Research Update #2: Technologies In Arts Integration Curricula

Note: This is my second research update in a larger project looking at technologies that facilitate integrated visual arts education in high school classrooms.  To read my first research update, click here.

As I continue my research on integrated arts through tech, I have sought out examples of successful high school arts integration efforts. In this research update, I would like to define and discuss two important concepts that are frequently referenced in this field: one-to-one and BYOD.


One-to-one computing, sometimes written as 1:1, refers to efforts by many school districts to fund a computer, such as laptop, PC, handheld, or tablet for every child.  Preliminary studies show that one-to-one programs can have a positive impact on student learning outcomes, with increases in test scores and subject area proficiency.  

An example of a large-scale one-to-one push is a 1-billion dollar iPad program in the Los Angeles Unified School District.  iPads worth $768 apiece were distributed to select students,  with plans to eventually distribute them to all students in the school district.  Almost immediately the initiative faced challenges, as several hundred students promptly hacked the devices and had to surrender them.  Schools also faced difficulties providing adequate wireless infrastructure to support the technology.  Administration reactions were mixed.  Some felt it was worthwhile, while others found the expenditure appalling when other, more basic needs are not being met.  

Some teachers also have difficulty mastering the new technology.  Still others face technology fatigue as policy makers switch out pedagogical tactics each year, rather than providing the long-term training and strategy necessary to make meaningful changes.  Lack of strategy makes for poor results, especially when the technology is seen as a quick fix.  If the focus is on the piece of technology rather than the larger learning strategy behind it, one-to-one programs are almost certainly doomed to fail.

More resources:

Reflections from a successful one-to-one implementation process

Strategies to avoid common one-to-one pitfalls


An alternative movement to 1:1 is BYOD—which stands for Bring Your Own Device.  BYOD schools ask students to bring their personal technologies such as smartphones and laptops for use in classroom instruction.  BYOD has gained traction in both workplaces and schools, with 84% of high schools now implementing BYOD in some fashion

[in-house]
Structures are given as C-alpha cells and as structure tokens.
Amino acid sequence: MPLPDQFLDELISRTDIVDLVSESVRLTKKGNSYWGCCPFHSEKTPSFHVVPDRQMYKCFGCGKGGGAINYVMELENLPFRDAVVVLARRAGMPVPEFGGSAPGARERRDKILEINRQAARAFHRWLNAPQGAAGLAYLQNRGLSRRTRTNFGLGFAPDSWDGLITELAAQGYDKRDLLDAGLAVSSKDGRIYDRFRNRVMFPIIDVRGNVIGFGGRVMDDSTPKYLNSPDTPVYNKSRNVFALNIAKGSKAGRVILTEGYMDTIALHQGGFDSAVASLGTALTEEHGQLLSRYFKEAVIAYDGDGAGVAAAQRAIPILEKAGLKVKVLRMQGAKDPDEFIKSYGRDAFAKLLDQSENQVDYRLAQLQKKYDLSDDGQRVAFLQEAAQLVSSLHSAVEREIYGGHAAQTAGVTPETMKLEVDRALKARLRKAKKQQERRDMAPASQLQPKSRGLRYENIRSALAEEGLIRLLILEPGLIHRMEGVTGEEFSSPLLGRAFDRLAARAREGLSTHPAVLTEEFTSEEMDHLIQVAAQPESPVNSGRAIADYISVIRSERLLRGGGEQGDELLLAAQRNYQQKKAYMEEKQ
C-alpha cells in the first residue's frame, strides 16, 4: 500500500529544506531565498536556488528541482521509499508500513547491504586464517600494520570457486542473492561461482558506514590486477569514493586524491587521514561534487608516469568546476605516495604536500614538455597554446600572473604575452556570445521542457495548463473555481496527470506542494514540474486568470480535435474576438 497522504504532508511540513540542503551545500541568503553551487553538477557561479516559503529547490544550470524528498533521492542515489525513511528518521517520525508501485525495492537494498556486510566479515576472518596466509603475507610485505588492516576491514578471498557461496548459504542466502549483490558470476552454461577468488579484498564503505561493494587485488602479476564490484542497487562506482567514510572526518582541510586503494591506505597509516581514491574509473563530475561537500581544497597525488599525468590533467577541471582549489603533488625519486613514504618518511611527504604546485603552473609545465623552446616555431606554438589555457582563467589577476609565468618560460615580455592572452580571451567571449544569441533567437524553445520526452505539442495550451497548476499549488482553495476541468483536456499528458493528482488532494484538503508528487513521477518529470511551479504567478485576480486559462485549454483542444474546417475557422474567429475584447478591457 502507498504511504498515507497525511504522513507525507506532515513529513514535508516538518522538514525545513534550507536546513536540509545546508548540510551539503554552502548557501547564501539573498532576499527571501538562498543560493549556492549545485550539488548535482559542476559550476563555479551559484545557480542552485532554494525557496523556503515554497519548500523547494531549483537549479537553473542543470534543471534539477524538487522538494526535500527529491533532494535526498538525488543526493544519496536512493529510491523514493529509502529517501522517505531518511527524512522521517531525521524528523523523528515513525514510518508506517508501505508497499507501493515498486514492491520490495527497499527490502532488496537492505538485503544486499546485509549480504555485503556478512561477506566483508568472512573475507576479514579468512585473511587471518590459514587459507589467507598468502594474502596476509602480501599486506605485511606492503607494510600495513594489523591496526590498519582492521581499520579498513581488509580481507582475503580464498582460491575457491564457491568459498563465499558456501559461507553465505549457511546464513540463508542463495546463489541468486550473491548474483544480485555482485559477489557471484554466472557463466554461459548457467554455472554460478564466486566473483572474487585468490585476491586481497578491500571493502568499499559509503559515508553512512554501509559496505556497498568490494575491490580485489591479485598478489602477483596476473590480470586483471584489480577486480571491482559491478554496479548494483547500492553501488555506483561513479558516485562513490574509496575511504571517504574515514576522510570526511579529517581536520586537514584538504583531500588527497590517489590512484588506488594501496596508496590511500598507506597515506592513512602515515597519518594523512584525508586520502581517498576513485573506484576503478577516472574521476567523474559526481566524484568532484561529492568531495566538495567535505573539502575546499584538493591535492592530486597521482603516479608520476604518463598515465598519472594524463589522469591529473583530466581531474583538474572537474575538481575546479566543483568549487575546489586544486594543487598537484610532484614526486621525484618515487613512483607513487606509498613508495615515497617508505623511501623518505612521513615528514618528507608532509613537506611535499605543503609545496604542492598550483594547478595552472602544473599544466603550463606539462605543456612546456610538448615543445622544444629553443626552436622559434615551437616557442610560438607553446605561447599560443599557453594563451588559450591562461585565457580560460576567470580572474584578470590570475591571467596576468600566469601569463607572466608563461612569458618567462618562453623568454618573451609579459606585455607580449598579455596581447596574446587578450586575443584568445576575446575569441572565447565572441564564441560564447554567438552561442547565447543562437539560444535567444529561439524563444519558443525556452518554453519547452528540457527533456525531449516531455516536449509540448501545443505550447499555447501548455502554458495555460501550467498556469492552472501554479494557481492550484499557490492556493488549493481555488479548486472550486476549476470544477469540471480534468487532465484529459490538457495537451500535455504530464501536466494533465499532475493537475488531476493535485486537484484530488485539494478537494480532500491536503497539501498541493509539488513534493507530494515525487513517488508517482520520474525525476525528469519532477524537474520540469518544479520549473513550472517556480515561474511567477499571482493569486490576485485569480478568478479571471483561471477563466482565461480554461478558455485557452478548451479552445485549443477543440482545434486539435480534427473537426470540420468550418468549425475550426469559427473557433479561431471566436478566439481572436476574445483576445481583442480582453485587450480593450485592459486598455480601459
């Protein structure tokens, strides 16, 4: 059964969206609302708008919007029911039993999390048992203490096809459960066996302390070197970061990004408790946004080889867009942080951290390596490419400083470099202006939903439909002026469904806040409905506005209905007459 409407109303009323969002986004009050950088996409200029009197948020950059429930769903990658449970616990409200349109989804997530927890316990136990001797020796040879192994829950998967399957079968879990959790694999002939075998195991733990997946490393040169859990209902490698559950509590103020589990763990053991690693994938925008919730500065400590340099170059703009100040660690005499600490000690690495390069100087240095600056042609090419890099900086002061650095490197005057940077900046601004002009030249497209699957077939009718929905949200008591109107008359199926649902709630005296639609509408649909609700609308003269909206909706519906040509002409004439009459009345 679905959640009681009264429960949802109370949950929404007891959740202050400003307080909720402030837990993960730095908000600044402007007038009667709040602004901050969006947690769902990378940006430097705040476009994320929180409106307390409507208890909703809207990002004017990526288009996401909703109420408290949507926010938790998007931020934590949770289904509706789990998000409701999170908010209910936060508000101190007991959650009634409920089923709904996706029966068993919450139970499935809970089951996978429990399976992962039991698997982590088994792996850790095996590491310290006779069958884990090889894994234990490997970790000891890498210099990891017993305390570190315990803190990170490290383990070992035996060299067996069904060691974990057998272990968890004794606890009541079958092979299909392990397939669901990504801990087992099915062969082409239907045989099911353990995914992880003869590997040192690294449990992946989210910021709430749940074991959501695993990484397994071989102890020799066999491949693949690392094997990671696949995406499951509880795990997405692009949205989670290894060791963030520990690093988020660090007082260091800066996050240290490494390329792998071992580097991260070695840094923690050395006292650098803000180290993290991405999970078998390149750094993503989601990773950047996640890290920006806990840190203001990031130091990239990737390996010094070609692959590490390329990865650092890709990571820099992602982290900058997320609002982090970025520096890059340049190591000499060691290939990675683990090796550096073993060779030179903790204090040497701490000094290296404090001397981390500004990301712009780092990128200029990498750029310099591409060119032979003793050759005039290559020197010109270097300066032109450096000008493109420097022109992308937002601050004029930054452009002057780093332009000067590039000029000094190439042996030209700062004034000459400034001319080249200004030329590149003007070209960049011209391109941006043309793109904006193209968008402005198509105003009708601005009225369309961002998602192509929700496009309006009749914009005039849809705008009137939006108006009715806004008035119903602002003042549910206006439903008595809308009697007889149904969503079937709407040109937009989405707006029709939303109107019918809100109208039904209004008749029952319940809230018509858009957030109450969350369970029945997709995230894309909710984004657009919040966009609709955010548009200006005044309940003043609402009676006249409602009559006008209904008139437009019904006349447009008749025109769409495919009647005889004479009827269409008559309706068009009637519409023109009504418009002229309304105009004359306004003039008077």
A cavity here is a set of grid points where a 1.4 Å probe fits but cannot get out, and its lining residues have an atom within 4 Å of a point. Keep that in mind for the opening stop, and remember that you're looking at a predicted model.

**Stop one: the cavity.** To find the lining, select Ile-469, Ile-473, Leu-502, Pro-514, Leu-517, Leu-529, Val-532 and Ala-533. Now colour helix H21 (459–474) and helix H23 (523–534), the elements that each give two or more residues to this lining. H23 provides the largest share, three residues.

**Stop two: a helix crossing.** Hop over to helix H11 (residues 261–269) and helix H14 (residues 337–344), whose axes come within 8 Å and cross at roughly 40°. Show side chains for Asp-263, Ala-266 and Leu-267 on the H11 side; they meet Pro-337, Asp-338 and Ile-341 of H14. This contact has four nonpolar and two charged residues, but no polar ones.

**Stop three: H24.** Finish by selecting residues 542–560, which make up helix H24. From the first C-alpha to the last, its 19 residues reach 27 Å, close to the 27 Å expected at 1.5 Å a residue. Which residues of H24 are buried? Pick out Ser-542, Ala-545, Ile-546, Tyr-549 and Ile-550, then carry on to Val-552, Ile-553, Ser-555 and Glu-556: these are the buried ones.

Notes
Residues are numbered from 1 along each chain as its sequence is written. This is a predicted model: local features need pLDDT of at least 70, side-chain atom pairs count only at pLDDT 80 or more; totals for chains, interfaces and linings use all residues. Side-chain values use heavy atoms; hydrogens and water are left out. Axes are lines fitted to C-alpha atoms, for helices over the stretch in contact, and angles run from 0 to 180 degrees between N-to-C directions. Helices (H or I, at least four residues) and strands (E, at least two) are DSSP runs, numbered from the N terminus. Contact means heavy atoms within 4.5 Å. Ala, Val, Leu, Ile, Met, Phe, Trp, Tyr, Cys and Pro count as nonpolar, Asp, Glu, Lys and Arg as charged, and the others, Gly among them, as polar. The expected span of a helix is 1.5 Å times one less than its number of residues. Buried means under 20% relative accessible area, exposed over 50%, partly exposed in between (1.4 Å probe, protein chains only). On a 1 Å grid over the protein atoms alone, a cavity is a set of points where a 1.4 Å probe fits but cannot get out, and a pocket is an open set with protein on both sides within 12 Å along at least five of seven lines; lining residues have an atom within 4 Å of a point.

BYOD is often seen as a technology alternative for school districts that cannot afford devices for all students.  Because students are furnishing their own devices, schools do not have to worry about the strategic and financial burdens of personalization, maintenance and updates.   In addition, a BYOD strategy acknowledges and embraces the digital devices that students already bring to school, rather than enforcing traditional bans on devices in the classroom.

Schools often take a blended approach, in which they also purchase technologies that students can use if they do not have their own device.  This option is still much cheaper as there is not an obligation to furnish every student with a computer.

As with one-to-one, BYOD has its own skeptics.  Many worry that allowing devices like smartphones in the classroom will be more of a distraction than benefit.  There is also some hesitation about families being asked to make up the difference where school districts are cutting funding.   Others voice concerns that BYOD could increase the prevalence of cyberbullying and personal security violations.

Like one-to-one, BYOD’s success depends largely on teachers well trained and prepared to implement this learning strategy.

More resources:

 Successful BYOD case studies


Many fantastic technological tools are already used in the high school classroom.  The key point is stated best by Dr. Peter Gouzouasis of The University of British Columbia: “Technology promoted as a panacea overlooks that technology will simply be replaced by the newest invention.  The result of that rapid state of obsolescence will have little impact on social and individual transformations save to accentuate the digital divide.”

While these tools have powerful potential, they are still tools.  They must be used properly as part of a well-planned school-wide strategy in which teachers are properly consulted and trained in how to best integrate the technologies into their lessons.